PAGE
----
Best management practices for lakes

There are many actions communities and homeowners can take to protect their lakes. Best management practices for lake residents include:

Links to more information about best management practices.

Maintaining septic systems

Improperly maintained on-site sewage disposal systems may contribute nutrients and potentially bacteria to the lake. The following practices will reduce contamination from septic systems.

For further information about septic systems and their maintenance see the EPA website  http://www.epa.gov/owm/septic/pubs/homeowner_guide_long.pdf

Waterfowl management

Everyone enjoys feeding ducks and geese, but feeding these birds encourages them to take up residence on your lake. Ducks and geese bring poop and associated nutrients and bacteria. Scientists estimate that up to half of the nutrient load to Green Lake in Seattle was caused by resident waterfowl.  Things that you can do to discourage waterfowl include:

Learn more about Canada geese at the United States Department of Agriculture website 

Landscape practices

Plan and maintain lawns and gardens adjacent to lakes to prevent contamination of surface and ground water. Consider native vegetation as a quality alternative to lawns and landscapes. Native vegetation provides a more diverse and balanced plant community and habitat. Contact a nursery that supplies native plants for species best adapted for your needs. If you have a lawn, use a mulching lawnmower. This can reduce fertilizer use by about 25 percent.

Don't site your compost bin right next to the lake shoreline. Compost contains nutrients that can leach into lake waters if located near the shoreline. A balanced approach to waterfront landscaping retains some natural habitat and reduces pollution and erosion while also meeting your aesthetic and access needs. See also Blueprint for a Lake-friendly Landscape.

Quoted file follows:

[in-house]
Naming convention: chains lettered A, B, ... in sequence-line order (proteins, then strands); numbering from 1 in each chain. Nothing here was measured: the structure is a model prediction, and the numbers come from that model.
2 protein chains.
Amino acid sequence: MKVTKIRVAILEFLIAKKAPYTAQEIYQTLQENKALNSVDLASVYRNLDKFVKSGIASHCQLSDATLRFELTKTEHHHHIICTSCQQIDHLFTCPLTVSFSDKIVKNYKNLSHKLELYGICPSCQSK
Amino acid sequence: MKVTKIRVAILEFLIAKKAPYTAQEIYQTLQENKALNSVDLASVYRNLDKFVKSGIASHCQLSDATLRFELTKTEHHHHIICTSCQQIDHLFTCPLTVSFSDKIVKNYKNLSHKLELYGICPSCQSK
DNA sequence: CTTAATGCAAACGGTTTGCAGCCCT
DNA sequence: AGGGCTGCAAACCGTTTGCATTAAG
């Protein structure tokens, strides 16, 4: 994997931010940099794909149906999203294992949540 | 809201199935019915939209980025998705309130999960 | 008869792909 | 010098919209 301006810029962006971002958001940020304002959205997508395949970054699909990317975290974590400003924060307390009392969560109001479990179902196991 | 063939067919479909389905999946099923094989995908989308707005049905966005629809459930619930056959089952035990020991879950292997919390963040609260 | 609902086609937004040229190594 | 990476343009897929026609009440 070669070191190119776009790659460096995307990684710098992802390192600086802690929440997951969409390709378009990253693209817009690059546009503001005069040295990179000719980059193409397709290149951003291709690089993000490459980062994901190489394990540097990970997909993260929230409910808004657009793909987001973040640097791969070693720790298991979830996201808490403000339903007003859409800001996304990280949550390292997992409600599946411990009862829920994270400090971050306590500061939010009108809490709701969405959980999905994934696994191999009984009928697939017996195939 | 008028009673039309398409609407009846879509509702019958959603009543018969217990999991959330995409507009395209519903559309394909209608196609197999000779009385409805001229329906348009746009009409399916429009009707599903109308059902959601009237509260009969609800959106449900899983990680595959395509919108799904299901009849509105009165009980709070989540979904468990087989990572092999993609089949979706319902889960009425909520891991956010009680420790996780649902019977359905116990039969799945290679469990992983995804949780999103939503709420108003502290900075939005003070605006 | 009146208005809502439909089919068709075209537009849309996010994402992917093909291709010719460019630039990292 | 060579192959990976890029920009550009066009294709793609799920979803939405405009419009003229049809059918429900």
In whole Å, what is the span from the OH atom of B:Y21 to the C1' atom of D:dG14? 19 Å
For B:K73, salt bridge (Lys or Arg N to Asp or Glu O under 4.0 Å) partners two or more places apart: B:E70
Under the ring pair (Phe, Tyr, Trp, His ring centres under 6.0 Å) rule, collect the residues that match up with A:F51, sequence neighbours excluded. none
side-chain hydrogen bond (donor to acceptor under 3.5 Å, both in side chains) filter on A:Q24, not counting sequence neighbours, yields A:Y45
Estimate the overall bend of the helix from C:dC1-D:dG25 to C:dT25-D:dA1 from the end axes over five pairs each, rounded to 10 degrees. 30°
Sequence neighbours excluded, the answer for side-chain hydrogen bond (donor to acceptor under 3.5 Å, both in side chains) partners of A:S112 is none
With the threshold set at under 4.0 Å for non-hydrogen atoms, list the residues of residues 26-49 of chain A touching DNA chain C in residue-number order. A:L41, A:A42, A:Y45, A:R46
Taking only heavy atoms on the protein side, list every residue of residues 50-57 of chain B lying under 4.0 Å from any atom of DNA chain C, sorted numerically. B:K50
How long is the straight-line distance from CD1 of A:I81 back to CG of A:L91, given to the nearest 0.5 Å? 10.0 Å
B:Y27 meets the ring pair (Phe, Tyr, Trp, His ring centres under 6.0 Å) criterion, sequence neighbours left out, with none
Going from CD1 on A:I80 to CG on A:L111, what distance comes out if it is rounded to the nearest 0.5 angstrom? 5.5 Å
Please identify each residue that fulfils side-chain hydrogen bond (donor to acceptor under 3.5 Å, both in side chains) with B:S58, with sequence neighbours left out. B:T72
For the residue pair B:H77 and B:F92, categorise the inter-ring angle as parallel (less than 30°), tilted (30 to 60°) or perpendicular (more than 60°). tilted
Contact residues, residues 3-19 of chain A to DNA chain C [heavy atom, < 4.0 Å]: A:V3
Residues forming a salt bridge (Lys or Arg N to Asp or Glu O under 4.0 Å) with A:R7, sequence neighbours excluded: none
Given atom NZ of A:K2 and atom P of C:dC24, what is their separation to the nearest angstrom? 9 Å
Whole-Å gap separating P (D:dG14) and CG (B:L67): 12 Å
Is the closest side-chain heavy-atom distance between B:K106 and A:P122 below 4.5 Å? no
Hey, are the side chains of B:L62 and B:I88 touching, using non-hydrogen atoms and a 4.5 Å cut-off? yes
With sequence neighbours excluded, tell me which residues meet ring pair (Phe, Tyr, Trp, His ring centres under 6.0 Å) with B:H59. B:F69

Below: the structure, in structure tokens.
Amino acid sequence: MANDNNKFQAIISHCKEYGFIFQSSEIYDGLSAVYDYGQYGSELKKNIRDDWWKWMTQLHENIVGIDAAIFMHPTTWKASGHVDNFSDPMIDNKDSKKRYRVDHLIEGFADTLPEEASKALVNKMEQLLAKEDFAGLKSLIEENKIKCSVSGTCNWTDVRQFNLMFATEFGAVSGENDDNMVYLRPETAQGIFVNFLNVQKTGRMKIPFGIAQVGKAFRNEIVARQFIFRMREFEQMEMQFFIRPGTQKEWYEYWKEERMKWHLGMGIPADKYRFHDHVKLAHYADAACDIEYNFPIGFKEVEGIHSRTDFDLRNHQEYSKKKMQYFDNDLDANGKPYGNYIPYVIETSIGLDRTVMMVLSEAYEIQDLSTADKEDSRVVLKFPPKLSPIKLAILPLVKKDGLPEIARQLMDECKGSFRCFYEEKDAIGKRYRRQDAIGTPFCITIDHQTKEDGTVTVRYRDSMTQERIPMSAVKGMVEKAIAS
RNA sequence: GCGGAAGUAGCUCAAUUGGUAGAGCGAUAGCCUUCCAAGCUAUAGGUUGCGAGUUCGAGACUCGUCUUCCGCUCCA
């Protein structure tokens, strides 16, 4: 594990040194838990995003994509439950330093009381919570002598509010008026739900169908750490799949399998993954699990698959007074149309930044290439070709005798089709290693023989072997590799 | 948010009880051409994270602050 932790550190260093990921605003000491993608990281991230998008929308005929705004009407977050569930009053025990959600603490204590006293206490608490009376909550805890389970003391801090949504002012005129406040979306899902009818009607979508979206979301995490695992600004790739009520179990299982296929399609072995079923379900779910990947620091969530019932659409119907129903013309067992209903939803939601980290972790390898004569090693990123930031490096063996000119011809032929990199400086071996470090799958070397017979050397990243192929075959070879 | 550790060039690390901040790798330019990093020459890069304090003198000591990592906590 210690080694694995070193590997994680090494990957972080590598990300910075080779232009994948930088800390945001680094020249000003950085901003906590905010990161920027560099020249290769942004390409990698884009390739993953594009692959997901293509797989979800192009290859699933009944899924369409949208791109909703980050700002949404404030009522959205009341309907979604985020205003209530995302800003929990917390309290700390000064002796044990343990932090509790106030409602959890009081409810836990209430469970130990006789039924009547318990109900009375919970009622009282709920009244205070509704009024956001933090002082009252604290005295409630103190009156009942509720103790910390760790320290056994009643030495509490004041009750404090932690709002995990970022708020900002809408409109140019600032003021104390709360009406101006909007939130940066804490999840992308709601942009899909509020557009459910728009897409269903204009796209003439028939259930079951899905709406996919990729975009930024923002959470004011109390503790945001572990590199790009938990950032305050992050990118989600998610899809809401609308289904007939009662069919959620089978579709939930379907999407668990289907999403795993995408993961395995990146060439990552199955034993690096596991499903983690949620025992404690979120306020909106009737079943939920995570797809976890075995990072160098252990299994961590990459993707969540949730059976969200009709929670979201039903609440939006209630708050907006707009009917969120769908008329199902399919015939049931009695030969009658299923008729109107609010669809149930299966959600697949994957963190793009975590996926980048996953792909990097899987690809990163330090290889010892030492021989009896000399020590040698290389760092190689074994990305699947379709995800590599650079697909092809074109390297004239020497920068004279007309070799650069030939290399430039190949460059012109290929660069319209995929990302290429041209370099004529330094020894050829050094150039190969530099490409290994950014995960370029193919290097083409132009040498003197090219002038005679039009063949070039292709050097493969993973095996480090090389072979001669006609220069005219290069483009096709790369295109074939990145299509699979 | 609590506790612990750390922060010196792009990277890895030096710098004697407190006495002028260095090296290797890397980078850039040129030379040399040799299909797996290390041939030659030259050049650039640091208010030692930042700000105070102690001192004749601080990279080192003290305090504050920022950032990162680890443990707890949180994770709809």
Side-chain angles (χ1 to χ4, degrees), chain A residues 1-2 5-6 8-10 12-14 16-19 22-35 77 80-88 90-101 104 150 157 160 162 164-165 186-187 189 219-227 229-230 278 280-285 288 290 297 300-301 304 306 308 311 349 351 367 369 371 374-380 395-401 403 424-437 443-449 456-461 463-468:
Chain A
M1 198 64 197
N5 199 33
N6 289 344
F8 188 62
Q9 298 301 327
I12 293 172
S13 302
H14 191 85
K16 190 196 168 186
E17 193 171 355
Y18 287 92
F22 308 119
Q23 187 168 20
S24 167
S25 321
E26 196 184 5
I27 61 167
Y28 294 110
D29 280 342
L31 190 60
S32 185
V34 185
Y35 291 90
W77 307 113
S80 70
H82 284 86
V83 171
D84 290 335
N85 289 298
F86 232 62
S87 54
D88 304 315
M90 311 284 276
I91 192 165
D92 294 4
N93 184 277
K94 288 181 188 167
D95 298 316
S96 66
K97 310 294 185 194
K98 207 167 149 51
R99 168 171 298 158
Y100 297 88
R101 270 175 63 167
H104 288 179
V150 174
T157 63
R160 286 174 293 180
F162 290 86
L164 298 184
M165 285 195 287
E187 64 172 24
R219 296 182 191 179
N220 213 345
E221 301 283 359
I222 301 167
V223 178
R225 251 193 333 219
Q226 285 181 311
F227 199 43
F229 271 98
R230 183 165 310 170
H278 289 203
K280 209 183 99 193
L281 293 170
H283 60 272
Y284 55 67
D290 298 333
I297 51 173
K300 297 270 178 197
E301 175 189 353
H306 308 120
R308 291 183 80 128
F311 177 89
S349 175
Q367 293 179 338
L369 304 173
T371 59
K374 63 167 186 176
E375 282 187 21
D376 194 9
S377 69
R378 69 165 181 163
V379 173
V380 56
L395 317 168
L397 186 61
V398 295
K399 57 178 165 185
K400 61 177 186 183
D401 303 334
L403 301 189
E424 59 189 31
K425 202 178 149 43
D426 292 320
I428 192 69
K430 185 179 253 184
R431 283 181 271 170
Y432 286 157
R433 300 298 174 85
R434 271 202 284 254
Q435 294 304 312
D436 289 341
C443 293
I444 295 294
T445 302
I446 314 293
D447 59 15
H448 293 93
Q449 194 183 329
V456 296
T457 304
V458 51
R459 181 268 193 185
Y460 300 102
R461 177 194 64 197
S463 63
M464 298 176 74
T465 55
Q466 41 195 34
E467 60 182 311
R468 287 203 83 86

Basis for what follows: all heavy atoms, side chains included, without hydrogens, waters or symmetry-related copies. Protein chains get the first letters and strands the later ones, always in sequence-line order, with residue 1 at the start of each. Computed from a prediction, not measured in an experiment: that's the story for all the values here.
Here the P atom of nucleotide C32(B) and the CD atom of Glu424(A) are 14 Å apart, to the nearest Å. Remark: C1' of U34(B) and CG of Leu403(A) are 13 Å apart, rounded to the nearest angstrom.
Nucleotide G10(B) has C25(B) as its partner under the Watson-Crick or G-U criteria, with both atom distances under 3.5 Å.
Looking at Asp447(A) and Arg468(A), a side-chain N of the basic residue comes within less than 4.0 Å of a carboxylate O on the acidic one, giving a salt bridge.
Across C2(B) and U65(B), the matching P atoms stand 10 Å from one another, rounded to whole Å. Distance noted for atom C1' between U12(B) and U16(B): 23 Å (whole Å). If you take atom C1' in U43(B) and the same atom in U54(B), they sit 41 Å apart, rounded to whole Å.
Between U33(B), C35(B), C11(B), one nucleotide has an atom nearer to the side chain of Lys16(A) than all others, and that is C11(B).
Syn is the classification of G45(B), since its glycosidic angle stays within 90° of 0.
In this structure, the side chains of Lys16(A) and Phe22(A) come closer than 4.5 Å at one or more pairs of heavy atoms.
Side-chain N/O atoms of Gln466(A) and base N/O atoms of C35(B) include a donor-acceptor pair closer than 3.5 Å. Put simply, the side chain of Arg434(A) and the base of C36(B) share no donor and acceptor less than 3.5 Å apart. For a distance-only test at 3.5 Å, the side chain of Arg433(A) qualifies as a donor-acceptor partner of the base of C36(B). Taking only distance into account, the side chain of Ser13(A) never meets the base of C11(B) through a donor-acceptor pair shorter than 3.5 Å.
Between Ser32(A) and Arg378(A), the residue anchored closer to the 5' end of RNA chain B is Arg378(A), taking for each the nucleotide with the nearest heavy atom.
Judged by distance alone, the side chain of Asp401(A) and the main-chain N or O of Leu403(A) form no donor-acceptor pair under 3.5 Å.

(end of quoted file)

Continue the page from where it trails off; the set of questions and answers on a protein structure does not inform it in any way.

Controlling runoff and soil erosion

Shoreline Management Regulations prohibit intensive removal of vegetation near the shore or on steep slopes. Check with your local jurisdiction for specific regulations.

Take steps to offset problems which could occur under the following conditions:

Fertilizer use

Avoid the use of chemical fertilizers if possible. Native vegetation requires less fertilizer. Use compost or manure rather than chemical fertilizers; however, compost and manure can also degrade water quality if used in excessive amounts. If you must use fertilizers, use natural time-release products.

If you apply fertilizers to lawns and gardens, adhere to the following guidelines:

Pet waste disposal

Regularly scoop up and dispose of pet wastes in your yard. Bury or bag pet wastes and dispose of the bags in the garbage. Do not compost pet wastes because they may contain harmful diseases or bacteria as well as the plant nutrients, nitrogen and phosphorus. Do not dispose ever of pet wastes in the lake.

Car washing

Wash your car at a licensed car wash. If you wash your car at home, wash it in your yard so that the soap and grime will not go into the storm drains directly into your lake.

Reducing or eliminating pesticide use

Avoid the use of chemical pesticides if possible. Consult a professional from the Washington State University Cooperative Extension Service to determine alternative methods for pest controls.
The following practices will minimize the potential of contamination from pesticides:

Links to more information about best management practices

Click here to see the King County Lake Stewardship Program's lake-friendly fact sheets

Shoreline Best Management Practices

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